The webcomics blog about webcomics

That’s Life In Techland — Projects Come, Projects Go

Unrelated to anything else, this update of Gunnerkrigg Court is officially Today’s Best Thing.

First noticed via Kris Straub’s twitterfeed:

assetbar closes its doors january 1, 2012. check out their blog.

That link leads to a blogposting that ain’t much more verbose than Straub’s summary:

Assetbar is closing its doors January 1, 2012
We built Fanflows so creators and artists could have an easy way to pursue their craft and make a premium connection with their fans.
It didn’t work

So, as of January 1, 2012, Assetbar and all Fanflows will be gone.
How this is going to go down

  1. Effectively immediately we will no longer be accepting new funds deposits.
  2. Other than adding new funds, you may continue to use Assetbar for the rest of the year, but…
  3. On December 30, 2011 at 11:59PM PST, we pull the plug on the servers.

Actions you can take


It has been fun. Mostly.

Peace out,
The Assetbar Team

Rewind: in April of ’07, Chris Onstad introduced a new tool to control content availability to his subscribers; he referred to the for-pay area as the Fanflow, and it was powered by a toolset called AssetBar, cooked up by friends of his. By January of ’09 Straub’s Starslip and Scott Kurtz’s PvP added the AssetBar technology, followed by Meredith Gran’s Octopus Pie, described by these adopters as essentially a testbed¹. I recall one or two other webcomics did likewise, but they all sort of drifted away over the course of a year or so.

AssetBar never really took off and achieved that magical level of Must! Have! for a large enough swath of the webcomics audience (and to my knowledge didn’t really attract users outside that community at all) to be self-sustaining. Part micropayments, part content management system, it did a couple of things pretty well, but ultimately required a compelling case on the part of creators to get enough users².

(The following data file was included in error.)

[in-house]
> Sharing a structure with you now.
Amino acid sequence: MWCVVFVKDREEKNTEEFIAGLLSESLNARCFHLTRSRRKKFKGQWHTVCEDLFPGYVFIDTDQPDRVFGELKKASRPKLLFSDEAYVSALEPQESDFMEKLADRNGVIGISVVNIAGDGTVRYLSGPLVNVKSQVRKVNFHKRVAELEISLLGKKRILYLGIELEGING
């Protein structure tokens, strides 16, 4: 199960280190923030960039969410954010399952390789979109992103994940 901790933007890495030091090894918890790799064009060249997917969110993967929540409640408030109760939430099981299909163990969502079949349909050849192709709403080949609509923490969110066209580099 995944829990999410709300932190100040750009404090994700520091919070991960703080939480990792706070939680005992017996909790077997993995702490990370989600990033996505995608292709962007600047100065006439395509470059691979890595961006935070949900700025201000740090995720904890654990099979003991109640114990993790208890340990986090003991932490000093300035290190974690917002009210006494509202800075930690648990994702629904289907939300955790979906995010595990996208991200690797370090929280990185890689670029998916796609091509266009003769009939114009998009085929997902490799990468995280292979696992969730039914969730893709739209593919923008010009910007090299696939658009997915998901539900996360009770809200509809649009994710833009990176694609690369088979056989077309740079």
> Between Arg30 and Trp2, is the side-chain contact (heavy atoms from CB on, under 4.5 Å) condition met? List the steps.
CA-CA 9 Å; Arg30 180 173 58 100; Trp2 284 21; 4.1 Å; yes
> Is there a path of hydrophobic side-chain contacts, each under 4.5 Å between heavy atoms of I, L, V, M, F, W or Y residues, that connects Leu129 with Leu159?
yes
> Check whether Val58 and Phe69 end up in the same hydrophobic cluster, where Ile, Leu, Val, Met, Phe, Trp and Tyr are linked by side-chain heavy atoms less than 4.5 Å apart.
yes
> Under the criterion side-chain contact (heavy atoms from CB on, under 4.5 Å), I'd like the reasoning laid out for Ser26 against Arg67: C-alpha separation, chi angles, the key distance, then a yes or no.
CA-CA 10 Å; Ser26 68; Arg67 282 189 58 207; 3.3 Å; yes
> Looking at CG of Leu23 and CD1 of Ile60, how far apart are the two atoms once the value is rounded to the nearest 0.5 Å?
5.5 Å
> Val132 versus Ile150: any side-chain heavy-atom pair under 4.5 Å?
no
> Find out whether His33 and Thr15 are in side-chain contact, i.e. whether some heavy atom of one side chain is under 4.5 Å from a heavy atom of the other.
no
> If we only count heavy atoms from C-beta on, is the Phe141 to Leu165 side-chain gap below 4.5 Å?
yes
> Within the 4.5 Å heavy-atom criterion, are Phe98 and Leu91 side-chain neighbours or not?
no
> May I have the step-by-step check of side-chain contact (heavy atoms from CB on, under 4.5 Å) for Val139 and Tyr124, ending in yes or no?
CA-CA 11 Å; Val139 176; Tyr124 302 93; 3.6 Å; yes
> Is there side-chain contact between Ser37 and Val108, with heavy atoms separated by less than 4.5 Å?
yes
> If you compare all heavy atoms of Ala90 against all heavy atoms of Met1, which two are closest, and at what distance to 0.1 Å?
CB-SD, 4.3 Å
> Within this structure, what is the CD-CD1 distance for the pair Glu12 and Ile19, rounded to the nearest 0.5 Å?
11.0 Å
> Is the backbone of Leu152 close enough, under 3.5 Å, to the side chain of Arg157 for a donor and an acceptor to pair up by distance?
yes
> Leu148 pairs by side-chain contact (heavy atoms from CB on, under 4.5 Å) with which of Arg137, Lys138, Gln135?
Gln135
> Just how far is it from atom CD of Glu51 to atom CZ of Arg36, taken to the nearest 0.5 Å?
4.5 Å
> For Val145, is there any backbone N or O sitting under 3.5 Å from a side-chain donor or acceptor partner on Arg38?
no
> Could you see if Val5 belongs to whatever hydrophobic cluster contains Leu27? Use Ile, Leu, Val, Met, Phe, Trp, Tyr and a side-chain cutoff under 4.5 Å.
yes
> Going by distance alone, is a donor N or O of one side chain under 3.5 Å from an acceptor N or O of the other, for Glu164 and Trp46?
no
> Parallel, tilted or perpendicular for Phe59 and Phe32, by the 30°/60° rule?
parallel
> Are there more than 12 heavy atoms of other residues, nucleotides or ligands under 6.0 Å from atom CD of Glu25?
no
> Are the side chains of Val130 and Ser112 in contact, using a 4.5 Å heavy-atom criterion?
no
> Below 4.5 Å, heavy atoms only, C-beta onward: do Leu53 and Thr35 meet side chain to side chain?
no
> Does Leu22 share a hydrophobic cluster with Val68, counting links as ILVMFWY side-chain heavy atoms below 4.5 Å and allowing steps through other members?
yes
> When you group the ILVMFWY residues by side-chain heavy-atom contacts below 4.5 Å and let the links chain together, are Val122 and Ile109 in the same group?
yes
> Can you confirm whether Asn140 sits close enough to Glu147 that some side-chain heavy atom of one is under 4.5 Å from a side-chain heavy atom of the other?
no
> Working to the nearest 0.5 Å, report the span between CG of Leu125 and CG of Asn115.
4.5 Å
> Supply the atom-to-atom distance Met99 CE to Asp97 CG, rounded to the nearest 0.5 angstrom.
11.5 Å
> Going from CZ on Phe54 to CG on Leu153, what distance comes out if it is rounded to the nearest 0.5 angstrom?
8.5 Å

The users, on the other hand, needed to have lots of their favorite creators hooked into AssetBar to be certain of having enough places to spend their deposited funds; while a few superfans of just one site might pay a buck or two a month for sneak peeks at behind the scenes content (something that Kurtz, for example, gives away for free daily now), it seems that most wanted to spend a bit here, a bit there, and there just wasn’t a broad enough marketplace willing to accept the virtual scrip.

Not enough sites means not enough users means other sites not seeing the point in adopting means still more users not signing up — vicious circle stasis was achieved fairly early, and yesterday’s plug-pull announcement seems more an afterthought than anything (for example, the AssetBar blog seems not to have updated since December of ’09, a sure sign of a non-priority project).

Props to Israel L’Heureux and the rest of the AssetBar team for winding down with plenty of advance notice and a chance to reclaim funds; too often enterprises like this just disappear one day and any customers that have outstanding credit are outtalucko. Given that a previous project of the team got sold to Juniper Networks for a not-insignificant sum, I don’t think they’re hurting for cash, but still — it’s sadly more than you expect these days, to see startups try to go out with a modicum of class.

¹ Kurtz in particular is pretty flexible about messing around with his business model: trying things, keeping those that work while they work, ditching those that don’t, and thinking about what to try next on an ongoing basis. That experimental, never-think-you’re-safe approach makes me think he’d be a damn good IT admin in charge of disaster preparedness — dude’s always got a backup plan. Respect.

² Onstad probably came closest.

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[…] Assets closing it doors Assetbar, a premium content thing created by/for Chris Onstadt/Achewood to give his readers extra content, is closing its doors. Seems like it aspired to be the Topatoco of premium/subscription content, but never took off. Found via: Fleen – Assetbar […]

[…] ago, a number of webcomickers were flirting with premium content (like through [the now-defunct] AssetBar) so that you could see development sketches, or watch strips being drawn a day or two early. These […]

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